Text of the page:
Another big weekend for the Marussia F1 Team. Next stop the Malaysian Grand Prix!
The Marussia F1 Team went straight from Melbourne to the Sepang Circuit in Malaysia in preparation of this weekend’s GP. Everyone is still feeling the positive affects of the Australian debut of the Marussa F1 MR01 and are looking forward to putting the new car through its paces.
John Booth, Team principal of the Marussia F1 Team, had this to say about Marussia’s preparation before the start of the weekend: “We’ve had another very positive day with the MR01 and this is exactly the start we were looking for from the weekend. We’ve been able to maximise our programme, which means the engineers have plenty of positive homework to do this evening to ensure we keep moving in the right direction. We also evaluated some new rear floor parts this morning with Timo, which he carried through into the afternoon to good effect. Both drivers will now have the benefit of these parts tomorrow. It’s good to see us maintaining the reliability as we can now be confident that the basis of the car is good and turn our minds more towards developing it. It has been a very tough day for the team. The positives of completing a challenging programme with good reliability means the mechanics have been pushed to the max in very trying conditions, but as ever it’s a challenge they have coped with admirably.”
• Malaysia is one of the biggest challenges that we will face all year, and that is simply down to the nature of the track and the weather. We can expect track temperatures of up to around 50 degrees centigrade.
• Sepang is more ‘representative’ of a racing circuit and for that reason it will provide a better opportunity to evaluate the package. The track layout is not dissimilar to Barcelona, a favoured testing venue, since it gives many clues about the characteristics and strengths of a new car.
• The high-speed nature of the track presents us with high G loads, which in turn provide a good test of the steering and suspension systems.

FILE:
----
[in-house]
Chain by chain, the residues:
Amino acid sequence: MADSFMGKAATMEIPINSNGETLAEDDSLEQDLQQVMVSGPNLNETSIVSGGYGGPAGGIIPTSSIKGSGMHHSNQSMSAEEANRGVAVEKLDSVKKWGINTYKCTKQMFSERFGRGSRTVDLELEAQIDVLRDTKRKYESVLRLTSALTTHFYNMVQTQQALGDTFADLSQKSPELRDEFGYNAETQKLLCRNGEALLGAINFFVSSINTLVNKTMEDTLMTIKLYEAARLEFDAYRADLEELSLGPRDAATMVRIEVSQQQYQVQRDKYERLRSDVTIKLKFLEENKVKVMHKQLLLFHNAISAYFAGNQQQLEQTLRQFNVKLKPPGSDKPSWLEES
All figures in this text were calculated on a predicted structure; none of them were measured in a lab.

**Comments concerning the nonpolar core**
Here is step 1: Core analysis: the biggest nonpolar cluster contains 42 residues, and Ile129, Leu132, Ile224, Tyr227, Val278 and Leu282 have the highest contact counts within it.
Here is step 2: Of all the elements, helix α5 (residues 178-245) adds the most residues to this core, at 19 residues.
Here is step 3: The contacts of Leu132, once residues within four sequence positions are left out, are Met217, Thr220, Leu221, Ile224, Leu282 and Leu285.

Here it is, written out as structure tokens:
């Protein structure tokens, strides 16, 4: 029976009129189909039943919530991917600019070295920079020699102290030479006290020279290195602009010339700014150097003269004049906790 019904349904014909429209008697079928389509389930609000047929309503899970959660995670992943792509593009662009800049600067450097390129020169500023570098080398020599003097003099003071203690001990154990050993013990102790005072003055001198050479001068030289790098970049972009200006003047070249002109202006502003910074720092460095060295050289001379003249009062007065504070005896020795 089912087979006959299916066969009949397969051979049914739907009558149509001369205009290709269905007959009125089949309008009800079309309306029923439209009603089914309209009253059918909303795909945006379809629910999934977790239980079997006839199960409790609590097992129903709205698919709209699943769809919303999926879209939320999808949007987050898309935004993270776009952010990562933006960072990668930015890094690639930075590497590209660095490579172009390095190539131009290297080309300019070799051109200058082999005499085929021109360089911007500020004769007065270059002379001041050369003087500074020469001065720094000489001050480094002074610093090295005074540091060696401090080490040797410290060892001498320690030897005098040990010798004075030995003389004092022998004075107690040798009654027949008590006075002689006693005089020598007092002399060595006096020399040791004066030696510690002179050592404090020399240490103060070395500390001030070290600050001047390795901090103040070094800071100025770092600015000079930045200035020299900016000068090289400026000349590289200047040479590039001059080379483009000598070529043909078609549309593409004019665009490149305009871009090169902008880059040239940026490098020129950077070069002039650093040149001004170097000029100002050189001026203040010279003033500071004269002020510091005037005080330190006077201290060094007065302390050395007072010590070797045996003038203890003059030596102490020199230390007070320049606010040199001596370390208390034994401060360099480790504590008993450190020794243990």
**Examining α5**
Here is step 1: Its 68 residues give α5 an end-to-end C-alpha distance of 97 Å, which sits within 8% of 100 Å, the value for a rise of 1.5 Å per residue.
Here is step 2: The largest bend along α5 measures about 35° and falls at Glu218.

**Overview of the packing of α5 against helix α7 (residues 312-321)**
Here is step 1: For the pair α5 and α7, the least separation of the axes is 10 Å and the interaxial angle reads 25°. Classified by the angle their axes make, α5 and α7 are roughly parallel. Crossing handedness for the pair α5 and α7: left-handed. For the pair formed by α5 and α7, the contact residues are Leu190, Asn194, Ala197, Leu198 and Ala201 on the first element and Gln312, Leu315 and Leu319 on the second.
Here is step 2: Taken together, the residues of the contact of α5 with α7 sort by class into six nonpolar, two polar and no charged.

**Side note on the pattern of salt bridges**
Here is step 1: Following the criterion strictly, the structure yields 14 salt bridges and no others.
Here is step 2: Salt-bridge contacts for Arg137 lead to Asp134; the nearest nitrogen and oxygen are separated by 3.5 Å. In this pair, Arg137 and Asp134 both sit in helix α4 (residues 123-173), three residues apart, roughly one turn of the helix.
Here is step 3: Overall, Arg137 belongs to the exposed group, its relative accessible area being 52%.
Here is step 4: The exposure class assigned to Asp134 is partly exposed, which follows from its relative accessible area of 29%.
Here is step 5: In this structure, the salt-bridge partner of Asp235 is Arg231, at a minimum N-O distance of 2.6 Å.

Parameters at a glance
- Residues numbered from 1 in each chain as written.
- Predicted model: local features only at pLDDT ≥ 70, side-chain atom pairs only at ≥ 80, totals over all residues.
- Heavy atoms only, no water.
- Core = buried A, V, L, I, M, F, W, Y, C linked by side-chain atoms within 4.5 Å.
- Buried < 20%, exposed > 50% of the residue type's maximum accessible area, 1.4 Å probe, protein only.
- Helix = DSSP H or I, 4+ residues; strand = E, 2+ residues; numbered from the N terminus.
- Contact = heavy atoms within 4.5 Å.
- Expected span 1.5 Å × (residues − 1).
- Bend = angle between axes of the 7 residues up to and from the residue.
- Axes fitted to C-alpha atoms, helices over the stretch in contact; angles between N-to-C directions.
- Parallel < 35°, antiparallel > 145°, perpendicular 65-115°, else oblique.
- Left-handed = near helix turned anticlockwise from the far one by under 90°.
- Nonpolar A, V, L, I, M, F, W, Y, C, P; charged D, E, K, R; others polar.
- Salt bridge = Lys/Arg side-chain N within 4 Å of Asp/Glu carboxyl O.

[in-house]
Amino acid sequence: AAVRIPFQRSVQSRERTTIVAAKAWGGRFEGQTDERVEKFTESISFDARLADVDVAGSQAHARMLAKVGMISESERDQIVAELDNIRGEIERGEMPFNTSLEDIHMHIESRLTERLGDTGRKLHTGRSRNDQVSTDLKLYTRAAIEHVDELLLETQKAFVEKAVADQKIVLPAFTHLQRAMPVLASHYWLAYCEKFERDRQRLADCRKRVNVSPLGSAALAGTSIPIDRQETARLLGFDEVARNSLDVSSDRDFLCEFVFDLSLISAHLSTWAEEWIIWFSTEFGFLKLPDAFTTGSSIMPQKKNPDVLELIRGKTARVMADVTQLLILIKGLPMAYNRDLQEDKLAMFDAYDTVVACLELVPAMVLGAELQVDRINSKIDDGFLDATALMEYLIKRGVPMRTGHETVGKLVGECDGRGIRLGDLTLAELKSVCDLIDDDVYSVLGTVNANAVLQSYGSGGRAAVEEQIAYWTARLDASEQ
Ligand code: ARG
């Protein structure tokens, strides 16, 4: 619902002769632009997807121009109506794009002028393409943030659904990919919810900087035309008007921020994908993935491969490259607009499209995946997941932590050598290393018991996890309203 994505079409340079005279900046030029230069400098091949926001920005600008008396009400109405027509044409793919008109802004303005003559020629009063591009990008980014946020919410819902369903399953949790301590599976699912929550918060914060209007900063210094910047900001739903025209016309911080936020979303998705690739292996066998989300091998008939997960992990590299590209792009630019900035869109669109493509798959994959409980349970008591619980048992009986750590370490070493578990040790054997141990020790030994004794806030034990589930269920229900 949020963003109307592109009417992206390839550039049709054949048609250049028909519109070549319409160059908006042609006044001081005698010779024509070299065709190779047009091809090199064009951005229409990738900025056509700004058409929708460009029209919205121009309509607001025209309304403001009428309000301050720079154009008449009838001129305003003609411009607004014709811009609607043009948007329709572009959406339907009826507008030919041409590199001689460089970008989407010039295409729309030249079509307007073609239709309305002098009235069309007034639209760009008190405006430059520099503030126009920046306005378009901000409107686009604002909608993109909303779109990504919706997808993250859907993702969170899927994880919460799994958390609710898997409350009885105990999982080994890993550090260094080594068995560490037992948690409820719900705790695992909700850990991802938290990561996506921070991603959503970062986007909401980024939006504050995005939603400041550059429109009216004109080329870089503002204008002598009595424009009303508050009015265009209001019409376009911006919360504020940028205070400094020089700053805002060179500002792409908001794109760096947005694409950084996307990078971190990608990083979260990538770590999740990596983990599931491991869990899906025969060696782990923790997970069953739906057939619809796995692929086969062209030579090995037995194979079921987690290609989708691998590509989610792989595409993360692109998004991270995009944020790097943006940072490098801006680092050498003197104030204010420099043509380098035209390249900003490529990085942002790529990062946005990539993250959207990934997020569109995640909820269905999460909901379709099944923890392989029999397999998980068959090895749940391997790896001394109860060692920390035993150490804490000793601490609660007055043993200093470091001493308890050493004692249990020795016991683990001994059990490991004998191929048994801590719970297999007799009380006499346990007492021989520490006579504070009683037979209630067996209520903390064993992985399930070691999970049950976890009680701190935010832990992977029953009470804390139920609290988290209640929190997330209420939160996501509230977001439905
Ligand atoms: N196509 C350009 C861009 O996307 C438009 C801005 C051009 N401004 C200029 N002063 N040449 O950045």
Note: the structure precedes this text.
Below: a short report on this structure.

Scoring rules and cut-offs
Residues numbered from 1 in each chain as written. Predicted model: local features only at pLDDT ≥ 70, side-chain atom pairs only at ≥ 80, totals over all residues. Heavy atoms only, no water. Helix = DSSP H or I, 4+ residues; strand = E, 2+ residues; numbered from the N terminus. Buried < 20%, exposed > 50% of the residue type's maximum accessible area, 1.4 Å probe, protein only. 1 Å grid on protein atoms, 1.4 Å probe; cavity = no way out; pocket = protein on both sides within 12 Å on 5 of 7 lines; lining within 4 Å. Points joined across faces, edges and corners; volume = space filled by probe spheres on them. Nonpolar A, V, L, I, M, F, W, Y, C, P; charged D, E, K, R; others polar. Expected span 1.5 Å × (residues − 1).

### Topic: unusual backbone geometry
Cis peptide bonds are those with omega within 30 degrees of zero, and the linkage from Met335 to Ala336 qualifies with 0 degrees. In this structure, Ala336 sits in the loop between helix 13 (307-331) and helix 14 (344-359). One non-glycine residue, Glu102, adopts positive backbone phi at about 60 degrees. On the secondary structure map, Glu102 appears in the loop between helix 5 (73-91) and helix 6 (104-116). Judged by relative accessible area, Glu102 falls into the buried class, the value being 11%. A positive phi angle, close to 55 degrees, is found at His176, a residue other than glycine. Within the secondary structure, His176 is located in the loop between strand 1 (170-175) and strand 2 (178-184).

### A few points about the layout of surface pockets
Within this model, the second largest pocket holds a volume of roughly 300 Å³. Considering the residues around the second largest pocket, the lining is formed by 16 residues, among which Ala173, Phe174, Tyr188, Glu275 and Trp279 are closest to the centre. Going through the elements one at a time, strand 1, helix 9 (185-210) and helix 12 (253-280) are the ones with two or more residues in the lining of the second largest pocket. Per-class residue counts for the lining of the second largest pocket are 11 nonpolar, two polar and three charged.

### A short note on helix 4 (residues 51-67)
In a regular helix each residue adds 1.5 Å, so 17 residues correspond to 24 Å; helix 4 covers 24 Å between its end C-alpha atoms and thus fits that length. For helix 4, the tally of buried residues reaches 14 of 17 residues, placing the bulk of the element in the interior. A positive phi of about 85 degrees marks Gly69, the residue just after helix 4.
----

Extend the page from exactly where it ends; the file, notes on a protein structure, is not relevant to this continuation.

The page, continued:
• The high temperatures provide a tough test of the cooling systems on the car, particularly water, oil, gearbox and the electrical boxes.
• Although the surface in Malaysia offers plenty of grip, any rubber laid down on the track is frequently washed away by the heavy rain that falls most days, making the track ‘green’ at the start of each session.
Some Facts About This Weekend’s Race
- Some fast facts to further whet your appetite: – The 5.543km Sepang circuit is one of the most technical circuits on the calendar. The combination of long high-speed straights and tight, twisting complexes make the circuit very complicated indeed, but perfect for overtaking as the track is very wide.
- The run from pole to the apex of turn one is 660 metres long, the second longest of the season after Barcelona.
- Half of the last 10 races here have been won from pole; the highest winning grid position was P7, in 2003.
- The last 10 Malaysian Grands Prix have featured no official Safety Car deployments (2009 is not considered as it officially ran to only 31 laps).
- Additional PR activities will see Timo providing Sky Sports F1 with a tour through the market in Petaling Street and later that night he and Charles will meet the country’s new King & Queen.